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Lepidodendron is an extinct genus of a primitive, vascular, arborescent (tree-like) plant related to the club mosses. They were part of the coal forest flora, occasionally reaching heights of over100 feet (30 m) with trunks over 3 feet (1 m0 The leaf scars, or leaf cushions, were composed of photosynthetic tissue. Likewise, the trunks of the plant would have been green. in diameter. The trunks rarely branched and were topped with a crown of bifurcating branches bearing clusters of blade-like leaves. The closely spaced diamond-shaped leaf scars arranged around the trunk and stems in spiraling whorls. The trunks produced little wood being made of soft tissue. Structural support came from a thick bark-like layer around the trunk surrounding a central pithy core. Lapidodendron most likely lived in the wettest parts of the coal mires throughout the Carboniferous Period (Mississippian and Pennsylvanian periods), growing in dense stands.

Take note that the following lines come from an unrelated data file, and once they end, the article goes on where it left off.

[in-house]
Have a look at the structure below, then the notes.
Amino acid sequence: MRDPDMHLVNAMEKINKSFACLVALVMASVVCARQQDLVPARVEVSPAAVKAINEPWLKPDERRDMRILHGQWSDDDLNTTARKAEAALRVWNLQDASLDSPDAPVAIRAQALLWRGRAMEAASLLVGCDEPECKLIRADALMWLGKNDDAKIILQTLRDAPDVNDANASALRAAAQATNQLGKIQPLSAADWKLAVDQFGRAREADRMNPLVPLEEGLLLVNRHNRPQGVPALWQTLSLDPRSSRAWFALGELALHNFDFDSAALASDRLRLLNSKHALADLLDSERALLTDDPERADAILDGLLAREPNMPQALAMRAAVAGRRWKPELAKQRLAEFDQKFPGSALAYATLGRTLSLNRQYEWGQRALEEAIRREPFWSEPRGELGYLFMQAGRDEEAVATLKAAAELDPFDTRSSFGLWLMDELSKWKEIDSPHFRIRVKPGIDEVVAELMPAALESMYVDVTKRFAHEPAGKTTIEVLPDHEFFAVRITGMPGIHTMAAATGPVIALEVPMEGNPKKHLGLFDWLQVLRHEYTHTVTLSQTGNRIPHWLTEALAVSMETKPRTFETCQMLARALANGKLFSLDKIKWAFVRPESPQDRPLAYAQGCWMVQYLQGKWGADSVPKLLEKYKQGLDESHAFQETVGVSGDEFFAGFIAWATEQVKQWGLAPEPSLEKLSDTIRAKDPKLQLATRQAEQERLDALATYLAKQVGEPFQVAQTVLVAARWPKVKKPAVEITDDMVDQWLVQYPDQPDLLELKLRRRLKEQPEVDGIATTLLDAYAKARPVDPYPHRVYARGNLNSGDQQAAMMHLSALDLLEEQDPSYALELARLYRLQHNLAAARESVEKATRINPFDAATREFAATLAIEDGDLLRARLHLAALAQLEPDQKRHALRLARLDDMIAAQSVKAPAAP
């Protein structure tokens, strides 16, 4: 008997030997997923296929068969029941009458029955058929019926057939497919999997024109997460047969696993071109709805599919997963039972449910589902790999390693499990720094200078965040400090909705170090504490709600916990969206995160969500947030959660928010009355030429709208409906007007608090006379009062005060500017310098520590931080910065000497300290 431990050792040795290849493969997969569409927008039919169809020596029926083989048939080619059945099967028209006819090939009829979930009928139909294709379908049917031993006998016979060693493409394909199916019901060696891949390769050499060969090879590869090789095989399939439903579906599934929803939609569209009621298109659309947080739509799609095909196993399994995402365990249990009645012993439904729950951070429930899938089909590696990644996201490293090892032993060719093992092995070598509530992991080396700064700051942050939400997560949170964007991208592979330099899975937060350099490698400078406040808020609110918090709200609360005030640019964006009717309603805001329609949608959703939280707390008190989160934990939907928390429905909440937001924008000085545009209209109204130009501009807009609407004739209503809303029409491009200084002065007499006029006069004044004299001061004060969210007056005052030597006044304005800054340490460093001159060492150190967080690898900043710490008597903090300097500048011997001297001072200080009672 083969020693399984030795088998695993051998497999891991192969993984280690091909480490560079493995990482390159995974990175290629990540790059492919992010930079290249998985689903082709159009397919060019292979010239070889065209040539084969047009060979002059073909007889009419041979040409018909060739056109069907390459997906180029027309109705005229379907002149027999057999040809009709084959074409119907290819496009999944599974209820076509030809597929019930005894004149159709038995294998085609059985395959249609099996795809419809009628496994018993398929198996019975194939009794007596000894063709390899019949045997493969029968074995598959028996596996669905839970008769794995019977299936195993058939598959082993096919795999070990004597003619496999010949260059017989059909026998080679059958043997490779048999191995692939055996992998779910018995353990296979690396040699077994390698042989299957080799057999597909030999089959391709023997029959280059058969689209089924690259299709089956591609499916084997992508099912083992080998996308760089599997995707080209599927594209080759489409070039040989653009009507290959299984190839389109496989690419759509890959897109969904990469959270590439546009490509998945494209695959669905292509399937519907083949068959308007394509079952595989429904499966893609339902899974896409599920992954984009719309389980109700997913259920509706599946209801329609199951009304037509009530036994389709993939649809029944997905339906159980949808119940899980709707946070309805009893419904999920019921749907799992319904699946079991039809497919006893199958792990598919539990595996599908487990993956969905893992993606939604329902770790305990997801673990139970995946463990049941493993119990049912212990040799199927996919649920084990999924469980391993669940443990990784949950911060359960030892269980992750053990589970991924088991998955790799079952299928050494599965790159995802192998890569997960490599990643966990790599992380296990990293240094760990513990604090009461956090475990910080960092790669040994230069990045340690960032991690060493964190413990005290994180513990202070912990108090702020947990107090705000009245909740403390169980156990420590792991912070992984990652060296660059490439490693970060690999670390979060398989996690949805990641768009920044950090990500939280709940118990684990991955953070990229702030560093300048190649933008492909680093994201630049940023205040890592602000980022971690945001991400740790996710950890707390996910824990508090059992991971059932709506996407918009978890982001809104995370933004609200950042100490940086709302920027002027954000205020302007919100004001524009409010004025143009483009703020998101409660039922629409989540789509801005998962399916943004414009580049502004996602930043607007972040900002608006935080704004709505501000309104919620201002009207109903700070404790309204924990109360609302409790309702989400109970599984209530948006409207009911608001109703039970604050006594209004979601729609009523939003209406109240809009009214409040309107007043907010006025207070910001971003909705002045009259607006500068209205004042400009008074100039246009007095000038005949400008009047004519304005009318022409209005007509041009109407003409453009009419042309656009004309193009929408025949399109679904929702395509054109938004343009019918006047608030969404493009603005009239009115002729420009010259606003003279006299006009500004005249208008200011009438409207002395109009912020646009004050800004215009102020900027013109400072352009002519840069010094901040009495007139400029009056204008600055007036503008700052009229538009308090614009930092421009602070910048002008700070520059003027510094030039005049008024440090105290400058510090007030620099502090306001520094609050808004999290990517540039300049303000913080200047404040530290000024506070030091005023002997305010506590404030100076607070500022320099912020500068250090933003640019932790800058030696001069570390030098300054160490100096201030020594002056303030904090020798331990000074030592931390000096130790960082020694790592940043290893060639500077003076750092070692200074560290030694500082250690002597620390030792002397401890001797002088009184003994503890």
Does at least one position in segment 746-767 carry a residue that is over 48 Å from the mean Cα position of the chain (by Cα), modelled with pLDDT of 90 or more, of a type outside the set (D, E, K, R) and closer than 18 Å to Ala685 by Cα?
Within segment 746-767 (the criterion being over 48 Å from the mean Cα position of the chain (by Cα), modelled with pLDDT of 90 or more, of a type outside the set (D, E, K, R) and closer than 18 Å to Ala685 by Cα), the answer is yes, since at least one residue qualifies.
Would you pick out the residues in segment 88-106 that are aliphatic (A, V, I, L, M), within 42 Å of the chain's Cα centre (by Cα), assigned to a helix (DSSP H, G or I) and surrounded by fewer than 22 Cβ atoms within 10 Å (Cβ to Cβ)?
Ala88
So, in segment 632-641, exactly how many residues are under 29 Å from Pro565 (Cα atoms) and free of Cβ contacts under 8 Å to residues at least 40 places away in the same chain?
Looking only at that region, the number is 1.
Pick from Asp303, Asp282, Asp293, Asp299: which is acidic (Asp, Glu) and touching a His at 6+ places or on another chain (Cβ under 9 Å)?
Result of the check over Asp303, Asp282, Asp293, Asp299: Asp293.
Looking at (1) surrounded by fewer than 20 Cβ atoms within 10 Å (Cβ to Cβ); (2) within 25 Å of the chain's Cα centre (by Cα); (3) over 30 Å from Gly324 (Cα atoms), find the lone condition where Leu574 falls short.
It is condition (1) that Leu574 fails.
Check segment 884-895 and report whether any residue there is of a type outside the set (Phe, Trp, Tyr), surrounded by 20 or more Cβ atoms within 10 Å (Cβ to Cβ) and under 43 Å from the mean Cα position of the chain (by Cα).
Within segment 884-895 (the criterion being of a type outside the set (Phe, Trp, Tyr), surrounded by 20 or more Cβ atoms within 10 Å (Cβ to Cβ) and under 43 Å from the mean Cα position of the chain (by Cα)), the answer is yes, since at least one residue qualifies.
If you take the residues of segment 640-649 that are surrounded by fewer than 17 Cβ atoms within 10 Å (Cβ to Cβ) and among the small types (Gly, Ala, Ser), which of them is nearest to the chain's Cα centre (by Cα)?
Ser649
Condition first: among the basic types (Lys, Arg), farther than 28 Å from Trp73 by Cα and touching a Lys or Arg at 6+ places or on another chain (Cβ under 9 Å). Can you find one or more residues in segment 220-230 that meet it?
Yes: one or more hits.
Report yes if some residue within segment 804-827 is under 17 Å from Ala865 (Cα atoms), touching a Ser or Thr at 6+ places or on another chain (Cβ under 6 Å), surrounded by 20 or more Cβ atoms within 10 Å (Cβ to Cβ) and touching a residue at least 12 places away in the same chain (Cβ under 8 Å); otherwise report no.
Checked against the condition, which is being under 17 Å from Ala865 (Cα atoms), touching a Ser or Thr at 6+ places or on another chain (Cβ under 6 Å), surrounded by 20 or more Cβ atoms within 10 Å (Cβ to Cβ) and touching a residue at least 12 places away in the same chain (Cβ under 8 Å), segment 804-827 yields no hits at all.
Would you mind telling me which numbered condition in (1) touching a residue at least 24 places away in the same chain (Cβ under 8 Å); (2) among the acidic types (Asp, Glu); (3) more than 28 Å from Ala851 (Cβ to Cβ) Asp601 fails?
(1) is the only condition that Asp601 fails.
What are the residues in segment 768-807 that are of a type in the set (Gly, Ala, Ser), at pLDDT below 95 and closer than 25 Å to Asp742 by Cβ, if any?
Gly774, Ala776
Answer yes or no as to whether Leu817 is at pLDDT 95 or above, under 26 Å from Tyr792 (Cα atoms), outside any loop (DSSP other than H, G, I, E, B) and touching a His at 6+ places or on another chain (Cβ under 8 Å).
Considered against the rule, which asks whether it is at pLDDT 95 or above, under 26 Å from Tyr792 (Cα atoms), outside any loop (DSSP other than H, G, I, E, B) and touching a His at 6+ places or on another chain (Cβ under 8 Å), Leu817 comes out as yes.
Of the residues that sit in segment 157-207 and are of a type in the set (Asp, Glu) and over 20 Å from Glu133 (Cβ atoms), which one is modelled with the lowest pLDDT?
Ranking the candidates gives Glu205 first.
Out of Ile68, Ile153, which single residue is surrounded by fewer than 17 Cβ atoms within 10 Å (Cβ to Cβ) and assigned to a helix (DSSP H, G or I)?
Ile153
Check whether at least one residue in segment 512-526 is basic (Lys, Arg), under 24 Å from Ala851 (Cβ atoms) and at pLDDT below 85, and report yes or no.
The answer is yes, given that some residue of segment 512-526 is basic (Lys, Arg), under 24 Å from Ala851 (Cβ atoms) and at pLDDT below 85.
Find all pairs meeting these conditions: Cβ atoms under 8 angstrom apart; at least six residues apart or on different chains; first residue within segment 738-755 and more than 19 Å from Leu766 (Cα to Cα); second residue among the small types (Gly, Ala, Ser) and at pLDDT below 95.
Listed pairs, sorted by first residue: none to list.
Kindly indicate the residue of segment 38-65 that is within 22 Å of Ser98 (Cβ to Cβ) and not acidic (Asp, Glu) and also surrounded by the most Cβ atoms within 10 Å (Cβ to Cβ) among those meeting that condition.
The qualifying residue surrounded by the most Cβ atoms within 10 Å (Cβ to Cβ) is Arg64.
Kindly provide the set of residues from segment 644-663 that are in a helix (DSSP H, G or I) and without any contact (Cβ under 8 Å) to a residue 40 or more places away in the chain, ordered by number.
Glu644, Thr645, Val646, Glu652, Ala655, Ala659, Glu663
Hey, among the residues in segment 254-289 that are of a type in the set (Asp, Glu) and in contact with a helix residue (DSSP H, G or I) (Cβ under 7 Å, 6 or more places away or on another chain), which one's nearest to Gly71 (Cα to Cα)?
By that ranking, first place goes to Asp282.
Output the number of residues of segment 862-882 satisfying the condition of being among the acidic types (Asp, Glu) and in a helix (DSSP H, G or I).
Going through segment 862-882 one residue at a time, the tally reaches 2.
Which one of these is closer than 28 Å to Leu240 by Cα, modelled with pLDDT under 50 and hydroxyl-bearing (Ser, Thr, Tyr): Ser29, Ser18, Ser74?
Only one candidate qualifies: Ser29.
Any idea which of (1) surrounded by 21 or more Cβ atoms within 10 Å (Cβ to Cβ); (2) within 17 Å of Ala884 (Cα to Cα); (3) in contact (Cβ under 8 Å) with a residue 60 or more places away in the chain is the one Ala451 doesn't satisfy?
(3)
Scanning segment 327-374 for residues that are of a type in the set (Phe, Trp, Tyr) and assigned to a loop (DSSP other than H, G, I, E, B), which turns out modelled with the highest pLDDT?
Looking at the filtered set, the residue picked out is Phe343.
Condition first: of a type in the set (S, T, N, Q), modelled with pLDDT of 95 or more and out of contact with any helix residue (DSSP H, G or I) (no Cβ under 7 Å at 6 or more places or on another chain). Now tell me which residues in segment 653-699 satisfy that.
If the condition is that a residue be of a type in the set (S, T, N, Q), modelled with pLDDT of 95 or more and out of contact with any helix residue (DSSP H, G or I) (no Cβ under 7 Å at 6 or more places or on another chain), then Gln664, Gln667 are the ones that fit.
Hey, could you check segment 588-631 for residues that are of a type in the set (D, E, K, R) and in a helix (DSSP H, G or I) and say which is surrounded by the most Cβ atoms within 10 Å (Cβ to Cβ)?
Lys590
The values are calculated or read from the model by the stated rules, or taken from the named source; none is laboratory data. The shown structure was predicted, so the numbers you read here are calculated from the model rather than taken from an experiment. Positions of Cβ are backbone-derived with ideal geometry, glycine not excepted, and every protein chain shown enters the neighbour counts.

Lepidodendron, coal forest flora